In our study, we first reported that high TRPS1 transcription predicted better survival in a subset of patients who have received chemotherapy, which was supported by a recent study showing that TRPS1 was associated with the multidrug resistance of osteosarcoma by regulating MDR1 gene expression [38]. Furthermore, it has been recognized that epithelial-to-mesenchymal transition (EMT) is an important mechanism in contribution to chemoresistance in breast cancer. Therefore, it is extrapolated that TRPS1 might be a favorable predictor of chemosensitivity in BC, with underlying mechanism possibly relates to suppression of EMT in breast cancer.

In conclusion, GATA3 and TRPS1 are distinctly high-expressed in breast cancer versus normal controls and predict better survival in patients with BC. GATA3 is positively associated with ESR1, while TRPS1 is correlated with ERBB2 and might act as a potential modulator of chemosensitivity in breast tumor. GATA3 and TRPS1 are distinctive biomarkers and essential prognostic factors in BC.

MATERIALS AND METHODS

ONCOMINE analysis

The mRNA levels of distinct GATA family members in different type of cancers were determined through analysis in ONCOMINE database (www.oncomine.org), which is a publicly accessible online cancer microarray database to facilitate discovery from genome-wide expression analyses.

In this study, students’t-test was used to generate a p-value for comparison between cancer specimens and normal control datasets. The fold change was defined as 2 and p value was set up at 0.01. Significant correlations can be found in an array of BC researches, as showed in typical figures.

CCLE analysis

The mRNA levels of GATA3 and TRPS1 in a series of cancers were analyzed by CCLE database (https://portals.broadinstitute.org/ccle/home), which is an online encyclopedia of a compilation of gene expression, chromosomal copy number and massively parallel sequencing data from 947 human cancer cell lines, to facilitate the identification of genetic, lineage, and predictors of drug sensitivity.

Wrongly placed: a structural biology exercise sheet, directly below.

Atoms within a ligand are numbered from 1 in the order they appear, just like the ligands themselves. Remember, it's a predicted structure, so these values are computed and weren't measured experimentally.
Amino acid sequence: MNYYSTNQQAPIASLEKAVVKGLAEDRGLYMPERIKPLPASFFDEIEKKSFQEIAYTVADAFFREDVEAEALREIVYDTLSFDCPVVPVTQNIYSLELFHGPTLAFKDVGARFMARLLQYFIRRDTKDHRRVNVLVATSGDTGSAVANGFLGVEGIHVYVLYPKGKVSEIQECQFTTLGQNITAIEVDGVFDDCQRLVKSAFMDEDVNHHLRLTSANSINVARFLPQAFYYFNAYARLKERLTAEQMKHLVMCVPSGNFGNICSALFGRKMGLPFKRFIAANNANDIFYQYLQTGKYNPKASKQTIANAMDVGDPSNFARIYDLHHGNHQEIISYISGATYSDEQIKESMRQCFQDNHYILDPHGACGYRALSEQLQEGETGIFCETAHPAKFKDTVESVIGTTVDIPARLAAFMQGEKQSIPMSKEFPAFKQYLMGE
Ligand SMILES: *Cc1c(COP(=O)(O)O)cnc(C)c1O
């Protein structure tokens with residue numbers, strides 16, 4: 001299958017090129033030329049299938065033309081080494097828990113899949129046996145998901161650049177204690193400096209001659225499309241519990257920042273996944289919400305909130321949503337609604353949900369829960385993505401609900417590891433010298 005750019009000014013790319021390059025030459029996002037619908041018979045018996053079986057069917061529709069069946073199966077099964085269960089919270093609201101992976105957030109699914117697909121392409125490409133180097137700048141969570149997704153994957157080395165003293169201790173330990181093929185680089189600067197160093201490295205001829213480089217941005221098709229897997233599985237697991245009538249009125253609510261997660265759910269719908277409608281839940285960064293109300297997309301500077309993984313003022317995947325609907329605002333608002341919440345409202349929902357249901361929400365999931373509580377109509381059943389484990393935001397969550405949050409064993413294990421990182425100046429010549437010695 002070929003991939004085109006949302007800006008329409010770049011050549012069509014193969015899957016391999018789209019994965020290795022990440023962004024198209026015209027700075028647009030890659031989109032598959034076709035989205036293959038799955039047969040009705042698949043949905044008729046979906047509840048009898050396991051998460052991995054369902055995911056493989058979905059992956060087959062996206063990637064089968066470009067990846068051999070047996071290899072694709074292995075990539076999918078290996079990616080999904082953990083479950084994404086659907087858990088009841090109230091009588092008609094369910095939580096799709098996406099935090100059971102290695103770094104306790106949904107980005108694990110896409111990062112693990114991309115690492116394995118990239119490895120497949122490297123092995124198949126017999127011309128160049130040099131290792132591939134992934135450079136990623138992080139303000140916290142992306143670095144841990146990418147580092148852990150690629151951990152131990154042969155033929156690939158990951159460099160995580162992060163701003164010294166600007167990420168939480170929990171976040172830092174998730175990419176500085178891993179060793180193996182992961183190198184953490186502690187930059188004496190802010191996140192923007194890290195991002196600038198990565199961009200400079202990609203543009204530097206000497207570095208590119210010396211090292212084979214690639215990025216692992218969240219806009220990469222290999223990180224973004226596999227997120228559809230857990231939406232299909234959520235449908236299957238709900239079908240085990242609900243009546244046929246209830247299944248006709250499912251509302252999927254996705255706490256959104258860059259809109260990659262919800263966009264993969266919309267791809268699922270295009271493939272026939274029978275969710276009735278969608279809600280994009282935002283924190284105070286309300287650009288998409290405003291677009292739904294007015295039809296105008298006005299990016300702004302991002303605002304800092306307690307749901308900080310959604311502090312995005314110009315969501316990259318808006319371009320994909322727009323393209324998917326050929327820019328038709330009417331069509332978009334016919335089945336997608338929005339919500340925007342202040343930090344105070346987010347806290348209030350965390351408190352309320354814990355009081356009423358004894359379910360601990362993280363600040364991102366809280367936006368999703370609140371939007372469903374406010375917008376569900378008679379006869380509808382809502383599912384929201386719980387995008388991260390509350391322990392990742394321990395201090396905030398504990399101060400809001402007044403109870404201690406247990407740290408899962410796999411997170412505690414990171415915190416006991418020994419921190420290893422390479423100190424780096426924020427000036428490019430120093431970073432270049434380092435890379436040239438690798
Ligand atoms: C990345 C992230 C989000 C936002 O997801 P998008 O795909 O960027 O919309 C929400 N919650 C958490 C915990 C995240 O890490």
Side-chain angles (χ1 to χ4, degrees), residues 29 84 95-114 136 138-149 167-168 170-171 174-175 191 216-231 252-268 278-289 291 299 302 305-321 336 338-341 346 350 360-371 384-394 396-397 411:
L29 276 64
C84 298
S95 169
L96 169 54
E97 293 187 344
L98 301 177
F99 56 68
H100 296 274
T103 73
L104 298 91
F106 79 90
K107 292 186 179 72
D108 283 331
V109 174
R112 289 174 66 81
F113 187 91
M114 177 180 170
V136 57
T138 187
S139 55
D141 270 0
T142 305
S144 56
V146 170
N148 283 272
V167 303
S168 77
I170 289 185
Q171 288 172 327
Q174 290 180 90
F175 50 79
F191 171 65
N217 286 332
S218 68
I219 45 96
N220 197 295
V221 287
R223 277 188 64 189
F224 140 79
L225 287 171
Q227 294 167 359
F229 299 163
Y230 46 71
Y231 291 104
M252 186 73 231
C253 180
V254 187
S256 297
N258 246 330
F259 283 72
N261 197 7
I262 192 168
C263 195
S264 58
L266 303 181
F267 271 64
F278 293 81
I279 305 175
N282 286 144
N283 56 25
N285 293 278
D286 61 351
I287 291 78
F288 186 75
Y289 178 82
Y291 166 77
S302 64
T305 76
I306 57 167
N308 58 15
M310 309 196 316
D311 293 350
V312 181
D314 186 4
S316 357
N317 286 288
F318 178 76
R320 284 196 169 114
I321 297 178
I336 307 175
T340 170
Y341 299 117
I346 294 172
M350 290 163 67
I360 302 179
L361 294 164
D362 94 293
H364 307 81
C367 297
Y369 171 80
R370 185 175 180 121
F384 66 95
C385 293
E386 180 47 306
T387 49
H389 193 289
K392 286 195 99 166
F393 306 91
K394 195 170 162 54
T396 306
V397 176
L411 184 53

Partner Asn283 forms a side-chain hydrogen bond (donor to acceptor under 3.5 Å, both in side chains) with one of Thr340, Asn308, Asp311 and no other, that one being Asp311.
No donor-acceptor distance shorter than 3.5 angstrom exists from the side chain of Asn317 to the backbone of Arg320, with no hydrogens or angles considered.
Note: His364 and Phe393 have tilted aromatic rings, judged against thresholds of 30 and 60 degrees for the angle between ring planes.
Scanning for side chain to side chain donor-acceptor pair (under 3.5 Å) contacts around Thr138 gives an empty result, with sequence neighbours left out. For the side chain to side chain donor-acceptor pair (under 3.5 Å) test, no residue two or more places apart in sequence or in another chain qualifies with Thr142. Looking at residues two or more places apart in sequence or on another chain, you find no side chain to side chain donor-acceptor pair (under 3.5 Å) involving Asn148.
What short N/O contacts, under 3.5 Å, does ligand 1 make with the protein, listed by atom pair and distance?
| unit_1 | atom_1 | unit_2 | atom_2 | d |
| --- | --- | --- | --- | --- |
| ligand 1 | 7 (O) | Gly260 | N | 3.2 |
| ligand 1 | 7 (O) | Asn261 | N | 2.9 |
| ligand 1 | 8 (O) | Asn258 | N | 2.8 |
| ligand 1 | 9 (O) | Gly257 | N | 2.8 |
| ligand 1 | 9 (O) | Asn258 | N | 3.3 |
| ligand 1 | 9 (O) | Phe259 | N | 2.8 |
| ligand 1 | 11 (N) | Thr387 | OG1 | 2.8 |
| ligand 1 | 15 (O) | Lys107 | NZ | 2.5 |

GOBO analysis

The transcription levels of GATA3 and TRPS1, as well as their co-expression genes were analyzed by uploading corresponding affymetrix probes to GOBO database (http://co.bmc.lu.se/gobo/gsa.pl). GOBO is a user-friendly online tool that allows rapid assessment of gene expression levels, identification of co-expressed genes and association with outcome for single genes, gene sets or gene signatures in a breast cancer data set.

The tumor data set consists of samples with the following characteristics: all tumors (n=1881), ER+ tumors (n=1225), ER- tumors (n=95), untreated tumors (n=927), tamoxifen treated tumors (n=326).

The Kaplan-Meier plotter survival analysis

Prognostic values of featured GATA members that found specifically high expressed in BC samples were further assessed by displaying the relapse-free survival (RFS) using the Kaplan-Meier plotter (http://kmplot.com/analysis/) [39]. Kaplan–Meier survival curve, log-rank P value and HR with 95 % confidence intervals were calculated and plotted in R using Bio-conductor packages.

Author contributions

Hao-Yu Lin, De Zeng and Yuan-Ke Liang conceived and designed the project. Hao-Yu Lin, De Zeng, Yuan-Ke Liang, Xiao-Long Wei and Chun-Fa Chen performed data-mining process and prepared the figures and tables. Hao-yu Lin analyzed and interpreted the data. Hao-yu Lin and De Zeng wrote the manuscript. Hao-yu Lin approved the final version to be submitted.

ACKNOWLEDGMENTS AND FUNDING

This study is partly supported by Natural Science Foundation of Guangdong Province, China (NO. 2015A030313429), and Medical Scientific Research Foundation of Guangdong Province, China (NO. A2015437 and NO. A2016368).

CONFLICTS OF INTEREST

The authors declare no conflicts of interest.